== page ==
We have gone through this evolution of thought in the course of a single MDL, watching good intentions morph into an extortion racket.  We have also seen courts gradually catch on to what has gone wrong with the MDL system.  Is this an instance of phylogeny recapitulating ontogeny? Legislation has been revived in Congress that aims to cabin the insanity of MDLs and class actions. And, mirabile dictu, some MDL judges have started to rein in asymmetrical discovery and have even demanded that plaintiff lawyers furnish evidence of such niceties as usage of the product and medical causation.  We’re not saying let’s make MDLs great again, but can we at least make them less miserable?  Or maybe just make them less.  Perhaps we don’t need an MDL every time there’s an alarming study or an uptick in adverse events.

Continue Reading JPML Refuses MDL for Proton Pump Inhibitor Kidney Injury Cases

Over the years, comedian Adam Carolla has played the “Germany or Florida” game on his various radio and tv programs and podcasts. The game is based on the observation that many of the most bizarre stories of human ineptitude come from Germany or Florida.  Callers describe News of the Weird headlines, and Carolla and guests try to guess whether the events happened in Germany or Florida.  You can listen to this segment from the old Loveline radio show.

Here are some examples of “Germany or Florida” clues:

  1. Man ate his dog.
  2. Carjacker forced to flee after realizing he could not drive a stick-shift.
  3. Trio shoots at imaginary foe, thereby attracting police to their homegrown meth lab.
  4. Naked swimmer hospitalized after angler hooks his penis.
  5. Man dies after blowing up condom machine.
  6. Sister assaults twin over sexy toy.
  7. Government creates blatant ex post facto law depriving tobacco companies of basic tort defenses.

Okay, you probably know about that last one.  The answers to the others are below.  By the way, Carolla is not alone in identifying The Sunshine State as also being The Sublimely Strange State.  30 Rock had a running gag about Florida craziness.  See examples here.  Also, Seth Meyers on the Late Show runs a “Fake or Florida” bit that can, at best, be charitably labeled as being derivative of Carolla’s gag.  On last Sunday’s Last Week Tonight, John Oliver reported a story about a Florida man who planned to bomb Target stores up and down the east coast, with  the idea of buying up Target stock on the cheap afterwards.  After pointing out how the story involved home-made explosives, a big box store, and a terrible get-rich-quick scheme, Oliver noted that if the story also had a snake on meth, we would have full-on Florida Bingo.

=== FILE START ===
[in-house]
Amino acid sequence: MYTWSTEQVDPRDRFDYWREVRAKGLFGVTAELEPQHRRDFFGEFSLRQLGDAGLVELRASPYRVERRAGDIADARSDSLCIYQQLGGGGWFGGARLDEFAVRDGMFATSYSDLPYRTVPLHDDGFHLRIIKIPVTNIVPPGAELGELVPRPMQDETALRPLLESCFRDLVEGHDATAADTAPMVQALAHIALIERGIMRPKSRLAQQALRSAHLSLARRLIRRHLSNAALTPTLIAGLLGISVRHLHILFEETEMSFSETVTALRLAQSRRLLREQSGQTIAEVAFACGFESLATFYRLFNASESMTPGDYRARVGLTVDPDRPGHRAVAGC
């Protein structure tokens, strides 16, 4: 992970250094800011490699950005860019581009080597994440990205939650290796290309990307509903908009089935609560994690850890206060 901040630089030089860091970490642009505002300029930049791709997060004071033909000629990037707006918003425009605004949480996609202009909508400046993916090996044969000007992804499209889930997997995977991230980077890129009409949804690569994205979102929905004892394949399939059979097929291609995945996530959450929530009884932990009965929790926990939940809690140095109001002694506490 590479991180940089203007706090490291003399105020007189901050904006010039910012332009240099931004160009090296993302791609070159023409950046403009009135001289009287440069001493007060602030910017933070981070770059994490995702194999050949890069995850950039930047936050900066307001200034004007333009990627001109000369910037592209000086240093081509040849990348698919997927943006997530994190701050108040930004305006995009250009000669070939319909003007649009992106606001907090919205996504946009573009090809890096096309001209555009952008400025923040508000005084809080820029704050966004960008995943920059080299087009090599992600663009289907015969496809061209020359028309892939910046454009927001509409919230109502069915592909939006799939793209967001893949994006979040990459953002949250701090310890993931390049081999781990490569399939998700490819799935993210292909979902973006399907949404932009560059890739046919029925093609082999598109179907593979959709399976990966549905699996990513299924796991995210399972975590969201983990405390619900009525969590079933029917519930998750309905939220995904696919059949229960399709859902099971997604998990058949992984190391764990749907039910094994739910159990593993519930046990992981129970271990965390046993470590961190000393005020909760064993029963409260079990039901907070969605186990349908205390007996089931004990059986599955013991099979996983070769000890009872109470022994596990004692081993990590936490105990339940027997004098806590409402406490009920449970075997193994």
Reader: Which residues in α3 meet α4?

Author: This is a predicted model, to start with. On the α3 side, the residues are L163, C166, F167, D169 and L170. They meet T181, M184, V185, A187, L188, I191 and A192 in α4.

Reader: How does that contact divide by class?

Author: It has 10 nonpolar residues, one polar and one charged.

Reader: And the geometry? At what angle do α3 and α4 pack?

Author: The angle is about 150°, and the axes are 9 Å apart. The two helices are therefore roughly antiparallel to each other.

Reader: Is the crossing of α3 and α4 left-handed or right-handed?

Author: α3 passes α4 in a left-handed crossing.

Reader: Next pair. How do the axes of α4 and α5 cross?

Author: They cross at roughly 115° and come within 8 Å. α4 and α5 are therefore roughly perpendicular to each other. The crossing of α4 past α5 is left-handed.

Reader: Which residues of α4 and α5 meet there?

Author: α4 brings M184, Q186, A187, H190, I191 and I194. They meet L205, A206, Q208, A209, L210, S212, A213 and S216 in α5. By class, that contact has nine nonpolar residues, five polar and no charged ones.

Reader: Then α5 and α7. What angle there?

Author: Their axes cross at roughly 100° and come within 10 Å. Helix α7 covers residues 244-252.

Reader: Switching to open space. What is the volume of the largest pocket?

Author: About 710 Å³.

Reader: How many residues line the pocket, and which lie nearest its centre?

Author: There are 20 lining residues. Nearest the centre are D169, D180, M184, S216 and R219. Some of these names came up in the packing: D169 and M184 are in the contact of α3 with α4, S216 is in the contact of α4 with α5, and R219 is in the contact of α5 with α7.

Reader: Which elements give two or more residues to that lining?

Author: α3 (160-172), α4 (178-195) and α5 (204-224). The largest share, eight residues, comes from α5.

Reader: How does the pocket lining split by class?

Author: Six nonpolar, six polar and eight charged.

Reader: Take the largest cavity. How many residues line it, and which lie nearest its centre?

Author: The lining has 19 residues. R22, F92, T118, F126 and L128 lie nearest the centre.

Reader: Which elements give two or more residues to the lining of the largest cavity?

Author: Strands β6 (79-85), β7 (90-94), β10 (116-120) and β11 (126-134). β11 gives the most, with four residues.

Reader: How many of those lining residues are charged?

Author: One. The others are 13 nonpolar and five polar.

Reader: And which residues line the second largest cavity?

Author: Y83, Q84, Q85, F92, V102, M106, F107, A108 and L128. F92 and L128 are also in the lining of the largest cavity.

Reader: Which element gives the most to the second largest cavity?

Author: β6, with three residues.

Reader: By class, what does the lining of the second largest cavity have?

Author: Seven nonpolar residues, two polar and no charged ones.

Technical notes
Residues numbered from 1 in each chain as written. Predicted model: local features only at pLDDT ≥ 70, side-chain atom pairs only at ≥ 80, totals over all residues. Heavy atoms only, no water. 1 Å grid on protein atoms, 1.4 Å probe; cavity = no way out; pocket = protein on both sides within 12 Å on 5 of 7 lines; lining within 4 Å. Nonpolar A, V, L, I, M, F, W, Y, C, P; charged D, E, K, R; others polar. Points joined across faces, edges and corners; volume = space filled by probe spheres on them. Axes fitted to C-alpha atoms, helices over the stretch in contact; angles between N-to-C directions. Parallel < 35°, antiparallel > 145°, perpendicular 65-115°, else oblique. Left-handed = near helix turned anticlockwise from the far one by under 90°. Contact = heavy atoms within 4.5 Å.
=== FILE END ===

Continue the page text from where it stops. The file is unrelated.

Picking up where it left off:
Even before we earned our law license, we were aware that there is something … different … about Florida’s legal system.  In our law school library, you could pull the 12 So. 2d volume off the shelf and it would automatically open up to the Lason v. State case, in which the Florida Supreme Court upheld the conviction of a 76 year old man for “abominable and detestable crimes against nature.”  Some law school libraries have needed to insert photocopies of the Lason case after the original pages were worn out completely.  Good times.

Last week there was a mini-eruption of Florida case law, and we will cover some of those opinions this week.  It is not quite Shark Week for our blog, but it is close.  Today’s case, Wolicki-Gables v. Doctors Same Day Surgery, Ltd., 2017 WL 603316 (Fla. DCA 2d Feb. 15, 2017), is unusual.  The case is ostensibly about spoliation, but it is really about preemption and the dreaded parallel claim exception.  Luckily, the case comes out the right way.  But getting there was like doing a couple of laps on Mr. Toad’s Wild Ride. (You didn’t think you were getting out of this blogpost without at least one Disney World reference, did you?)

Mrs. Wolicki-Gables claimed a physical injury from a failed pain pump system.  She and her husband initially sued the manufacturer of the pain pump, alleging causes of action for strict liability and negligence.  The case was filed in state court, but was then removed to federal court.  The pain pump system had received pre-market approval from the FDA.  Because of that fact, and because of the Supreme Court’s decision in Riegel, the federal court held that the Wolicki-Gables’ product liability claims against the manufacturer were preempted by federal law.  The Eleventh Circuit affirmed the summary judgment in favor of the manufacturer.

Continue Reading Spoiler Alert: Florida Appellate Court Upholds PMA Preemption and Rejects Parallel Claim

Last week three of our posts dealt with Daubert issues.  That was not intentional.  Chalk it up to coincidence.  Or was it?  We are not especially superstitious, but maybe the passing last week of the great “Professor” Irwin Corey had something to do with the Daubert eruption.  Corey was a comedian who pretended to be “the world’s foremost authority”.  As if to parody the parade of plaintiff experts in mass tort cases, Prof. Corey would enter the stage wearing an academic robe, awkwardly look around at the crowd and down at his sneakers, begin with the word “However,” and then proceed to spout gibberish and vague Big Ideas that made no sense.  (This is not the first time in this blog that we have cited the wisdom of Prof. Corey.)  Corey was 102 years old.  He was doing comedy into his 90s, and consistently made more sense than most plaintiff regulatory or causation expert witnesses.  Catch his act on Youtube.  You will find it more enlightening than any plaintiff expert, or even most court opinions discussing the Daubert test.